Problem of Practice: Purposes 60 Set a common frame of reference for rounds visits Anchors rounds in work that advances the school’s and the district’s improvement strategy Build diagnostic capacity of teachers and administrators Model continuous improvement
Problem of Practice 61 Begins to shape what, specifically, we’ll be looking for during the rounds. Emerges from the questions raised by the assumptions embedded in our theory of action.
Problem of Practice: Criteria for Useful POP 62 Criteria for useful problems of practice Focus on the instructional core (the interaction of students, teacher, and content) Is directly observable in class Is actionable (is within the school or district’s control and can be improved in real time)
Problem of Practice: Criteria for Useful POP 63 Criteria for useful problems of practice Connects to a broader strategy of improvement Is high-leverage (if acted on, it would make a significant difference for student learning) Address the what, not the how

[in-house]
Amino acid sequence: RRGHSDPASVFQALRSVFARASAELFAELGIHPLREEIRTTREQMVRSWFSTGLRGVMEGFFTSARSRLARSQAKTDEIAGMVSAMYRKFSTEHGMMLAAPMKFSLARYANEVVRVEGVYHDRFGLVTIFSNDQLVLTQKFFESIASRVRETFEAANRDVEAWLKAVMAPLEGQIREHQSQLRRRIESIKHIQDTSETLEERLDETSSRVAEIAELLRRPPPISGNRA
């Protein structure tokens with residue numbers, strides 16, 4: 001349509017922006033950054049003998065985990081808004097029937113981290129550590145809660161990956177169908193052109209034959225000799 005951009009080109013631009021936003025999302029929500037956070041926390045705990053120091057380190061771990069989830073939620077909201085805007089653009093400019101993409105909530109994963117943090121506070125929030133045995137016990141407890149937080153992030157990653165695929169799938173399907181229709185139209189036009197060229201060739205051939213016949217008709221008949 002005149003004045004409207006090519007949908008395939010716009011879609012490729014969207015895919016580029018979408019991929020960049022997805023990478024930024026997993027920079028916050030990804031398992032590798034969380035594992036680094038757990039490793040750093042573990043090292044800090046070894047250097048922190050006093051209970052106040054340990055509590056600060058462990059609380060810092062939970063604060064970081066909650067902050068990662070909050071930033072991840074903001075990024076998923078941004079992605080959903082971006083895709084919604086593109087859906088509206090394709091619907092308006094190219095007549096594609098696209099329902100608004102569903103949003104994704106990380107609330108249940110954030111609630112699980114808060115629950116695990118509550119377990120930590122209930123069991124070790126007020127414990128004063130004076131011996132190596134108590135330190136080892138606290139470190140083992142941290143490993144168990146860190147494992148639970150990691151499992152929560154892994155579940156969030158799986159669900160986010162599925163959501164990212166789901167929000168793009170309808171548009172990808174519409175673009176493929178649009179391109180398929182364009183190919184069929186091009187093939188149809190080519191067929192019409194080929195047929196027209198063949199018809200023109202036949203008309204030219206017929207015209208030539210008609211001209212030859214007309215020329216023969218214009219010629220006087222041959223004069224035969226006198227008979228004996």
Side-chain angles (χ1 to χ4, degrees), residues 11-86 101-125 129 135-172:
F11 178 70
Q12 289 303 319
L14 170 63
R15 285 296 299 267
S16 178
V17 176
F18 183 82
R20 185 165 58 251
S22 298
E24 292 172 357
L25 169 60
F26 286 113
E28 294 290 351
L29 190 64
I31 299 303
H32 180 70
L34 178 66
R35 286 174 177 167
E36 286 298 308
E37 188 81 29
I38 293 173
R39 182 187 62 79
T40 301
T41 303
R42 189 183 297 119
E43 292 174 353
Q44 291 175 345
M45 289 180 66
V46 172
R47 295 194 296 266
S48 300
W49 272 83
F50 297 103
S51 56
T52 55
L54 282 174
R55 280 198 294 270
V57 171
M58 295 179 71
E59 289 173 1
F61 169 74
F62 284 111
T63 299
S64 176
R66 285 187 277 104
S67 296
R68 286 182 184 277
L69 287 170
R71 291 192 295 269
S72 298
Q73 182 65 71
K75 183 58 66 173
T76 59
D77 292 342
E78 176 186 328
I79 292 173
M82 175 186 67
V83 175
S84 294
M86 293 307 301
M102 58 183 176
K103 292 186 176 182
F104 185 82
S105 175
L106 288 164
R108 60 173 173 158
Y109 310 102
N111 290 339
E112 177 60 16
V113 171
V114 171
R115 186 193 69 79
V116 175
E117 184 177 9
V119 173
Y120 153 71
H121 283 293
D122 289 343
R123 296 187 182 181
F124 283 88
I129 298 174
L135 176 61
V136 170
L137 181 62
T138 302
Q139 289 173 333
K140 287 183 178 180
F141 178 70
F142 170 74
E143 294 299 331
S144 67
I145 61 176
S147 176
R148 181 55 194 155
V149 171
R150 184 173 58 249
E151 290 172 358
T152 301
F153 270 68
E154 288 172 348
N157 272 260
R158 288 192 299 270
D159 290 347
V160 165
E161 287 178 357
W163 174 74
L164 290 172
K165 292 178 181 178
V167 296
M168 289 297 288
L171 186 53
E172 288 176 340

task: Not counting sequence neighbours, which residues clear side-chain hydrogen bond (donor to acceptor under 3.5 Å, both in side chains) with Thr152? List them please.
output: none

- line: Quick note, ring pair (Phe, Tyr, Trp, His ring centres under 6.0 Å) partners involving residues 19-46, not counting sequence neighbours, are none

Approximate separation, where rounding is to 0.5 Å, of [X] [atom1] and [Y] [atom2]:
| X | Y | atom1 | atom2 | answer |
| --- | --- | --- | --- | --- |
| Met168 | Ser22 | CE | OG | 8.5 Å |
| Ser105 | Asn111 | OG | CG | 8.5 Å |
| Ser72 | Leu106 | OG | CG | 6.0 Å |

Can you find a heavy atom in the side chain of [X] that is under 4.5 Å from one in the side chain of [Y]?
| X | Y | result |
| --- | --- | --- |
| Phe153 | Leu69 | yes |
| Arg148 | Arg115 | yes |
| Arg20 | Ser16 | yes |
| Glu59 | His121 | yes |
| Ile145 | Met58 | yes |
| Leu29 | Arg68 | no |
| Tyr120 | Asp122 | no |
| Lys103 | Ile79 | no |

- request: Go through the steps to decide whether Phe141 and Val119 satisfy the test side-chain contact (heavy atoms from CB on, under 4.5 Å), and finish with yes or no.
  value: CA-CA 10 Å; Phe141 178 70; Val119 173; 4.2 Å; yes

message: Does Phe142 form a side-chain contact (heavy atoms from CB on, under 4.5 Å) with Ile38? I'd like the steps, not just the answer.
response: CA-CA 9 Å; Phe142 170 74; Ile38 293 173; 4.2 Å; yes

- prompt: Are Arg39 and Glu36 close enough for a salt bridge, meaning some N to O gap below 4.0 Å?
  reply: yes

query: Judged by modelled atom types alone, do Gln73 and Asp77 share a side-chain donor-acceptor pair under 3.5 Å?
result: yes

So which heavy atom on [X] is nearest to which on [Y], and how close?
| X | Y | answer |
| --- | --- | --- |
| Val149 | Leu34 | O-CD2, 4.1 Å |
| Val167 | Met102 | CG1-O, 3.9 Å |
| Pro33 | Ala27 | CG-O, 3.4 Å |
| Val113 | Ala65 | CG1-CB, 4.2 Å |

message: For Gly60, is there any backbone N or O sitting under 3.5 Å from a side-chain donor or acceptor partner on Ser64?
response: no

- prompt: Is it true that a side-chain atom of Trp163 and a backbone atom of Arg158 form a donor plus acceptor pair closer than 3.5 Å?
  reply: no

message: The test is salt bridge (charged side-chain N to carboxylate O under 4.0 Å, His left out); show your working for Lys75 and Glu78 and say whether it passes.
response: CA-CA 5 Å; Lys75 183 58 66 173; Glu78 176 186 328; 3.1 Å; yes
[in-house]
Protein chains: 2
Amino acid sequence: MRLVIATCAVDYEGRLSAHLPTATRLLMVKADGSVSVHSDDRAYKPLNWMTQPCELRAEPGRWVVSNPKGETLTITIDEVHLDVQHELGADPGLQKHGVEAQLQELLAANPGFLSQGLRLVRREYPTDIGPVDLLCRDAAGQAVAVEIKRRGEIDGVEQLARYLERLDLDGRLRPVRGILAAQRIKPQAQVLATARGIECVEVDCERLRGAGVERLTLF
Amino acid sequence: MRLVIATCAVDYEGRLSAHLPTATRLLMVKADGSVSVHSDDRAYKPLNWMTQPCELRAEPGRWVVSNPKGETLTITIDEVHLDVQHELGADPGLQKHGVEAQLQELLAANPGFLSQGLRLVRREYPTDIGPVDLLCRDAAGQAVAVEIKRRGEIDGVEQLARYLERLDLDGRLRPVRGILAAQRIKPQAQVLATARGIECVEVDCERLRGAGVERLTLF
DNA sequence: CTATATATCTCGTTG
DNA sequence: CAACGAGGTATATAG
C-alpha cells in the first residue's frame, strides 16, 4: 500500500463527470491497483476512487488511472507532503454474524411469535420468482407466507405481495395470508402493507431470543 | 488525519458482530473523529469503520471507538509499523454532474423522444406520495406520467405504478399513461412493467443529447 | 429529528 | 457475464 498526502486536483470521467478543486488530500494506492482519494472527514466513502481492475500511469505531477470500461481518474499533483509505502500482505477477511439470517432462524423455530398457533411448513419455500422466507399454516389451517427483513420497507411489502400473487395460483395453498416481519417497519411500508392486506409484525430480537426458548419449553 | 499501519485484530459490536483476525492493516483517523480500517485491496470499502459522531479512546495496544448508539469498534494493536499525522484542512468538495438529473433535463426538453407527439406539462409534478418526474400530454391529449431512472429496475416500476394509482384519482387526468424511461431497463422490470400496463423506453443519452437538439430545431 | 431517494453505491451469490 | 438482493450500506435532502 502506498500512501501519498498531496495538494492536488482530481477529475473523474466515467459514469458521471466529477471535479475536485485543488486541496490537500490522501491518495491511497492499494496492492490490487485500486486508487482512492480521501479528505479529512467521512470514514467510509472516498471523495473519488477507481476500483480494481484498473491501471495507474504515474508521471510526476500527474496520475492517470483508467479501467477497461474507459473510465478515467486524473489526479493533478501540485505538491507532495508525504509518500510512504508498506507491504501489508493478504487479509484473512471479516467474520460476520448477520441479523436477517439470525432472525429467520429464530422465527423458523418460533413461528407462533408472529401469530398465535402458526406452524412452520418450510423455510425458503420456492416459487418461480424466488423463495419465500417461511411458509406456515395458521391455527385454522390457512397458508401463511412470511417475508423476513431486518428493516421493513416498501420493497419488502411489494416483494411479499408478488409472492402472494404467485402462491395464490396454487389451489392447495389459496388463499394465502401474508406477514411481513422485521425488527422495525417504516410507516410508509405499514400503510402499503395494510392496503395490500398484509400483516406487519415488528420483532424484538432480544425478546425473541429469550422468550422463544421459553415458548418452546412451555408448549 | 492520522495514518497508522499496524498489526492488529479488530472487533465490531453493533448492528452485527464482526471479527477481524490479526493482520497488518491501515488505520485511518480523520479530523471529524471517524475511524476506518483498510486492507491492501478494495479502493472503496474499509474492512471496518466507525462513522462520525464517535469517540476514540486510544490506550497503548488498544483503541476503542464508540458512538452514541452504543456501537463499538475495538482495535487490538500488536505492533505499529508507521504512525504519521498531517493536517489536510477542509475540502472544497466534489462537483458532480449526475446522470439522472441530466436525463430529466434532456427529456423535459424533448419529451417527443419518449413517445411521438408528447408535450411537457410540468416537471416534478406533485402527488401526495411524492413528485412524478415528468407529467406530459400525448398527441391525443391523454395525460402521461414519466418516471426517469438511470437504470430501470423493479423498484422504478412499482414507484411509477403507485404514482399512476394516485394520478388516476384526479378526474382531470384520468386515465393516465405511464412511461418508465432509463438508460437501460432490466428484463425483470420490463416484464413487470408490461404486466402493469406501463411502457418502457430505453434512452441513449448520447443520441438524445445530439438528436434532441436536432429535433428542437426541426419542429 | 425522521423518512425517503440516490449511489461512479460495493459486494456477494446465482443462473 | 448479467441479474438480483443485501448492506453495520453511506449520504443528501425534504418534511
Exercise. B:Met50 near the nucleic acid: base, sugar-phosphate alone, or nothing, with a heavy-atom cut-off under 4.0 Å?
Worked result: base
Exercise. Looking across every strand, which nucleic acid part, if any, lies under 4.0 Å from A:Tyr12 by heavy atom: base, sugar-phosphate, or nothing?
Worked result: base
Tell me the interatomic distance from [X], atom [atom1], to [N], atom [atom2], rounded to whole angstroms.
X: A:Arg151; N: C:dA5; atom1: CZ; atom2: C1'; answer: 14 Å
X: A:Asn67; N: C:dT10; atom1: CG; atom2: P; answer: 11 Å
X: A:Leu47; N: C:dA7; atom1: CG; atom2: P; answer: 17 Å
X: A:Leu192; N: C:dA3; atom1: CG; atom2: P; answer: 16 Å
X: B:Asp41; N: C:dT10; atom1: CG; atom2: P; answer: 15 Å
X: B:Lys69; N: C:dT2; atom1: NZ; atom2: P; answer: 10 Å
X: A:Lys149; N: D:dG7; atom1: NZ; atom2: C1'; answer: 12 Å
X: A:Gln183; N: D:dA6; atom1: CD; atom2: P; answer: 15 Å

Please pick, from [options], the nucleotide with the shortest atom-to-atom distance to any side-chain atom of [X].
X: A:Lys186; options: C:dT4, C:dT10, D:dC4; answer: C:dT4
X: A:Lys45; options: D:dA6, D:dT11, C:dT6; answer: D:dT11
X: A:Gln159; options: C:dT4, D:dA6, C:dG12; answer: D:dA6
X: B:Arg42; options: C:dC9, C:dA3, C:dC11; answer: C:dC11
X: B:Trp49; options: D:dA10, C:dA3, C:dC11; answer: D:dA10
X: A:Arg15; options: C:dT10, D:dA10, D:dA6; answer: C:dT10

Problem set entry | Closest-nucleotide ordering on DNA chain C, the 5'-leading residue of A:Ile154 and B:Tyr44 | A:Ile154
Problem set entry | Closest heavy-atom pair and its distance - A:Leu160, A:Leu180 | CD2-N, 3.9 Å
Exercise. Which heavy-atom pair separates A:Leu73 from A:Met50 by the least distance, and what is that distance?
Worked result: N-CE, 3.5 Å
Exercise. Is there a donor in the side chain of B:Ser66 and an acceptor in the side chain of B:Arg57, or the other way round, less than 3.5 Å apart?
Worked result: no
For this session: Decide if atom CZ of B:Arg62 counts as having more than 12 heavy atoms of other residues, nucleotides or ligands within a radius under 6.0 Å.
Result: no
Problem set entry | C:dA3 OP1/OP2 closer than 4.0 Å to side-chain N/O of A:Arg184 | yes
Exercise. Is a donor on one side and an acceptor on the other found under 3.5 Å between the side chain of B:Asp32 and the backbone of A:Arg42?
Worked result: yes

Problem of Practice: Reflection Activity 64 How Question : What evidence do you see of Six Traits Writing strategies? What Question: What evidence do you see that students are producing high levels of writing?
Problem of Practice: Things to Avoid 65 Compliance language: “Are teachers enacting the key elements of the XYZ curriculum” Global terms that haven’t been defined by prior work: “Are students engage? ” “Is the work challenging? ” Structural, physical things not connected directly to instructional core: “Are students working in groups? ” Are the instructional objectives on the board? ”
Problem of Practice: Reflection Activity 66 Review the draft problem of practice and analyze based on the criteria established above.
Problem of Practice: Reflection Activity 67 Create a problem of practice for your school based on the assumptions from your theory of practice and using the above guidelines.
Problem of Practice 68 Discuss at your table: Review at your table each other’s POP keeping in mind the elements of a good POP.
Reflection What was your experience like as a learner? What did the facilitators do that contributed to that experience? What are the implication for your own work?
Today’s Reflections + - Plus Minus Delta